When you think of Outback Queensland, a booming art scene probably doesn’t pop to mind… But did you know that Western Queensland is actually covered in cracking silo art, sculpture trails, galleries, murals and more?
Over the past year, silo art has certainly taken our beautiful state by storm! These days, you can catch a glimpse of these massive murals in nearly every corner of the country. If you’re ever on the road out West, be sure to pull into Thallon, Moura, Cloncurry and Yelarbon to see the towering art. Trust us when we say that you won’t believe your eyes!
Not only is Outback Queensland covered in silo art, but it is also home to some very impressive sculpture trails. The Lake Dunn Sculpture Trail is a must-see for anyone travelling through Aramac. The 200-kilometre trail consists of 38 sculptures dotted along the road to Lake Dunn and Rangers Valley, all created by local artist Milynda Rogers. You can pick up a map to the trail at visitor centres in the area.
Not far from Aramac is the tiny town of Alpha. Alpha is a very creative town; the town’s streets are named after poets. Around the town, there are 27 murals to see, each telling a story about life in the Outback. Art fanatics will easily be able to while away a day in Alpha, checking out the murals and exploring the Jane Neville-Rolfe Art Gallery. Keep an eye out for the Fossilised Forest Sculpture in the main street while you walk around town.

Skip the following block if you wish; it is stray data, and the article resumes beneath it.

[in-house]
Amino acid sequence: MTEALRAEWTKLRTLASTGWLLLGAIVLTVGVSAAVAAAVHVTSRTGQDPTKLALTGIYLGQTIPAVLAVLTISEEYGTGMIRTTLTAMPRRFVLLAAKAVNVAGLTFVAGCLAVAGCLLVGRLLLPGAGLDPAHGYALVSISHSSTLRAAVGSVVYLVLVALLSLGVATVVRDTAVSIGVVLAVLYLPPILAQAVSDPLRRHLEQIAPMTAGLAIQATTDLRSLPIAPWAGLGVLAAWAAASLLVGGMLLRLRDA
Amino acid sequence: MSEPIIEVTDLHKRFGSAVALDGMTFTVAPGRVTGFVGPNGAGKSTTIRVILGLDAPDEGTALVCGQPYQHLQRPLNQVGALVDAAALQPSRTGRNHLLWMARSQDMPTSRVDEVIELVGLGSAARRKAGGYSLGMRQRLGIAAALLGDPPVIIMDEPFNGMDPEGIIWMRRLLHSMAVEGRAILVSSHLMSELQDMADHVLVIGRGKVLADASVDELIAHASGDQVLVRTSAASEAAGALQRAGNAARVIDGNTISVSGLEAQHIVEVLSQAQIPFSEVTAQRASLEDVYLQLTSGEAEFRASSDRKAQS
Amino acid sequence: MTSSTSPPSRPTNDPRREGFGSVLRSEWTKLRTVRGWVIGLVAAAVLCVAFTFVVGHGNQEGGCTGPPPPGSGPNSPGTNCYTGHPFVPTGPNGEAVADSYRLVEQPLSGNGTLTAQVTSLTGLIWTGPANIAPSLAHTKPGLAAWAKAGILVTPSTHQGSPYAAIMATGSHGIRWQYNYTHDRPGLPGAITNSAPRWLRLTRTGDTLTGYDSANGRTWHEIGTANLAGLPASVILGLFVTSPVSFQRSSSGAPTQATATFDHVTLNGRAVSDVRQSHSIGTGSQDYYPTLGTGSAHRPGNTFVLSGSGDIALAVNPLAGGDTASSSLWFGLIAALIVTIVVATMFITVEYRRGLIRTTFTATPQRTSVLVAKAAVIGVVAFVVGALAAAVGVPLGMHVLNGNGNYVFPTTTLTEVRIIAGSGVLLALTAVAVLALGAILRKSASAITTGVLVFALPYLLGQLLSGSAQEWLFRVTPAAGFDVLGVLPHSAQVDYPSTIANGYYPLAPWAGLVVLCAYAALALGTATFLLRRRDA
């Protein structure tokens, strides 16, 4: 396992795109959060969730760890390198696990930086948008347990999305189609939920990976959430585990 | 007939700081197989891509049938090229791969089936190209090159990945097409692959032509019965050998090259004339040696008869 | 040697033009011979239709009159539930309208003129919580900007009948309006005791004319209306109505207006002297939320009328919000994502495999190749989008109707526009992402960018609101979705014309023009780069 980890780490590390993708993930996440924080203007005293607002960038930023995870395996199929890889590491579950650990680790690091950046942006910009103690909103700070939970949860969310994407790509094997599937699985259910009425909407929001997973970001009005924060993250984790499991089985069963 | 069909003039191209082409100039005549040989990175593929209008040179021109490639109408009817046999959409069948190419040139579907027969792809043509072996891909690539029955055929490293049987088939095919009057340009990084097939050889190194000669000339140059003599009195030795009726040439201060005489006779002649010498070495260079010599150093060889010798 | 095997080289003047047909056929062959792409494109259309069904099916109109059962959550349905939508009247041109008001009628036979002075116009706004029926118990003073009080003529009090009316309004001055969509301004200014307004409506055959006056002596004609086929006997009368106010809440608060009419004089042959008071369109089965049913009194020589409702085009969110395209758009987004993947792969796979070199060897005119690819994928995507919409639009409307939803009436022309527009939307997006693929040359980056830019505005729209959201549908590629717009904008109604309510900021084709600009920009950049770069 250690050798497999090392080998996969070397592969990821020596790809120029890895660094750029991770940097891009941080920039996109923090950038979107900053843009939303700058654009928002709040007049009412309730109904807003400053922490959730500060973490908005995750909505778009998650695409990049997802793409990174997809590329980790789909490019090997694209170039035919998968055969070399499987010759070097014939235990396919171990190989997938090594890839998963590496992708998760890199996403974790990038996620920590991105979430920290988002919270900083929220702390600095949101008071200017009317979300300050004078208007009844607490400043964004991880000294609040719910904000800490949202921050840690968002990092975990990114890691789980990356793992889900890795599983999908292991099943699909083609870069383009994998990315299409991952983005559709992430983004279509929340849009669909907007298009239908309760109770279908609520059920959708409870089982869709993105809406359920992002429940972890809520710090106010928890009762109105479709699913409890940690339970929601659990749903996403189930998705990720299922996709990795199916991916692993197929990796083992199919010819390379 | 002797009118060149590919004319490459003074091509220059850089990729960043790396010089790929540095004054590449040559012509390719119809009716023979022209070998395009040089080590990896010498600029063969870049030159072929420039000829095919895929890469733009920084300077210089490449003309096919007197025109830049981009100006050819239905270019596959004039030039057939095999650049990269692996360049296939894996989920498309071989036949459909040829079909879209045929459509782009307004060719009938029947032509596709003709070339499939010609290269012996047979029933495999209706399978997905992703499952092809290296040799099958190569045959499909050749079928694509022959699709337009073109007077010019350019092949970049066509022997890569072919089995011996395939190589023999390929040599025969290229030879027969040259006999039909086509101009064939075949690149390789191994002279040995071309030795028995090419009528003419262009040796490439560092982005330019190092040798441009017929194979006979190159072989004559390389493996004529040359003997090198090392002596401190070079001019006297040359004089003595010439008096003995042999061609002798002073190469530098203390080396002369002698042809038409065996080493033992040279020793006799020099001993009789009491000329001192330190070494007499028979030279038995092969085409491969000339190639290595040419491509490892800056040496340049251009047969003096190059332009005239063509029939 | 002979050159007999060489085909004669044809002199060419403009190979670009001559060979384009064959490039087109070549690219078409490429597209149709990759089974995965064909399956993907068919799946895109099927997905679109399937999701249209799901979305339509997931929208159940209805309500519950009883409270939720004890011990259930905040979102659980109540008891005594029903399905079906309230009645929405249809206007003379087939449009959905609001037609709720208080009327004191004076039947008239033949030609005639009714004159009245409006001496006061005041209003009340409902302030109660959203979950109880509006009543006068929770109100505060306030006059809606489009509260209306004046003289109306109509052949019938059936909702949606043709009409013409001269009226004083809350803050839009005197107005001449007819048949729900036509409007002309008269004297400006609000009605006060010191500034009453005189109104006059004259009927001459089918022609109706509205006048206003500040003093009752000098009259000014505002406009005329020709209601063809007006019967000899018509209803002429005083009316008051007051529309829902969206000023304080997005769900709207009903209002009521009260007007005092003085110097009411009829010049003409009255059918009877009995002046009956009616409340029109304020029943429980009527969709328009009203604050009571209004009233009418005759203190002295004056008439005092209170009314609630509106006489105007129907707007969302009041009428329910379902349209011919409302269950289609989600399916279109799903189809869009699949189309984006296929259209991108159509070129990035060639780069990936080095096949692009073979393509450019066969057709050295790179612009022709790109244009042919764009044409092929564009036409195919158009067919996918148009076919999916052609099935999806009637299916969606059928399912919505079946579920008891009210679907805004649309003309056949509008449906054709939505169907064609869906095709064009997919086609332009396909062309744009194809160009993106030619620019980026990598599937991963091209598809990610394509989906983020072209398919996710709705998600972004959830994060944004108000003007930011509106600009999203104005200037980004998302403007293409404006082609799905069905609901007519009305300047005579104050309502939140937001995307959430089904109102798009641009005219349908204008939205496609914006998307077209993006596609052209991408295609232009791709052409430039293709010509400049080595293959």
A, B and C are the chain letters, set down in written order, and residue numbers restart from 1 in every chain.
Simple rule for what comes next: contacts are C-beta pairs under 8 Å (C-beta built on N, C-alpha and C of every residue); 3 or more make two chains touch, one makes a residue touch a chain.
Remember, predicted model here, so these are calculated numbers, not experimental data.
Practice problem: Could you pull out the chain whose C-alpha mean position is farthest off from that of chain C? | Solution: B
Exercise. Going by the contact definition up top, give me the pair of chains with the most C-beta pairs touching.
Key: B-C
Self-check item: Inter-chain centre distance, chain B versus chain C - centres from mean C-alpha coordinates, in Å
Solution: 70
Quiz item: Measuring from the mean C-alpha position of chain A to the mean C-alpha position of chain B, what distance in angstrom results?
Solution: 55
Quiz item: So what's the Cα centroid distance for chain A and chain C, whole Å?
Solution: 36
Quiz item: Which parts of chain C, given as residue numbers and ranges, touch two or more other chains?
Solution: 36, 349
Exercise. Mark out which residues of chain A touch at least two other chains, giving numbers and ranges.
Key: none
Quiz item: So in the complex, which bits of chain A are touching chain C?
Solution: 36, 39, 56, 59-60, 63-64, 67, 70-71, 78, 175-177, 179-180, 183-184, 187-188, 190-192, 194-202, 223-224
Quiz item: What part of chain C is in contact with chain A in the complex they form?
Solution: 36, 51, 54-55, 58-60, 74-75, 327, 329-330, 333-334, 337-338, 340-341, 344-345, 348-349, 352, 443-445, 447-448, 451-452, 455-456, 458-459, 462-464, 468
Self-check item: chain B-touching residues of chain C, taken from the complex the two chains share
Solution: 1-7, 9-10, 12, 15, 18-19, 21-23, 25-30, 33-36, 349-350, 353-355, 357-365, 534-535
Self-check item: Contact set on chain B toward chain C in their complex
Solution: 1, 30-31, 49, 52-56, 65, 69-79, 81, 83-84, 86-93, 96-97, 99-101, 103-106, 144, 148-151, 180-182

In Moura, make sure you check out one of Joel Fergie’s most recent pieces of work on the sides of Dawson Highway Cafe and Karinya Cafe on the Dawson Highway. It’s an incredible sight to see!
Arno’s Wall in Winton is probably one of the more unique pieces of art you will find out West. Arno Grotjahn’s wall isn’t your average wall; instead, it is a massive 70-metre long concrete collection of household items. His wall pays homage to nearly every household item there is: from sewing machines to typewriters, lawnmowers, motorbikes, tyres, and even dolls. The wall has been a work-in-progress for 30 years, and it continues to grow.
If you are ever out near Birdsville, swing into Betoota to check out The Dreamtime Serpent, carved into the side of the hill. The artwork brings the local Indigenous community’s Dreamtime Stories to life, telling the story of a serpent connecting two rivers by carving a path.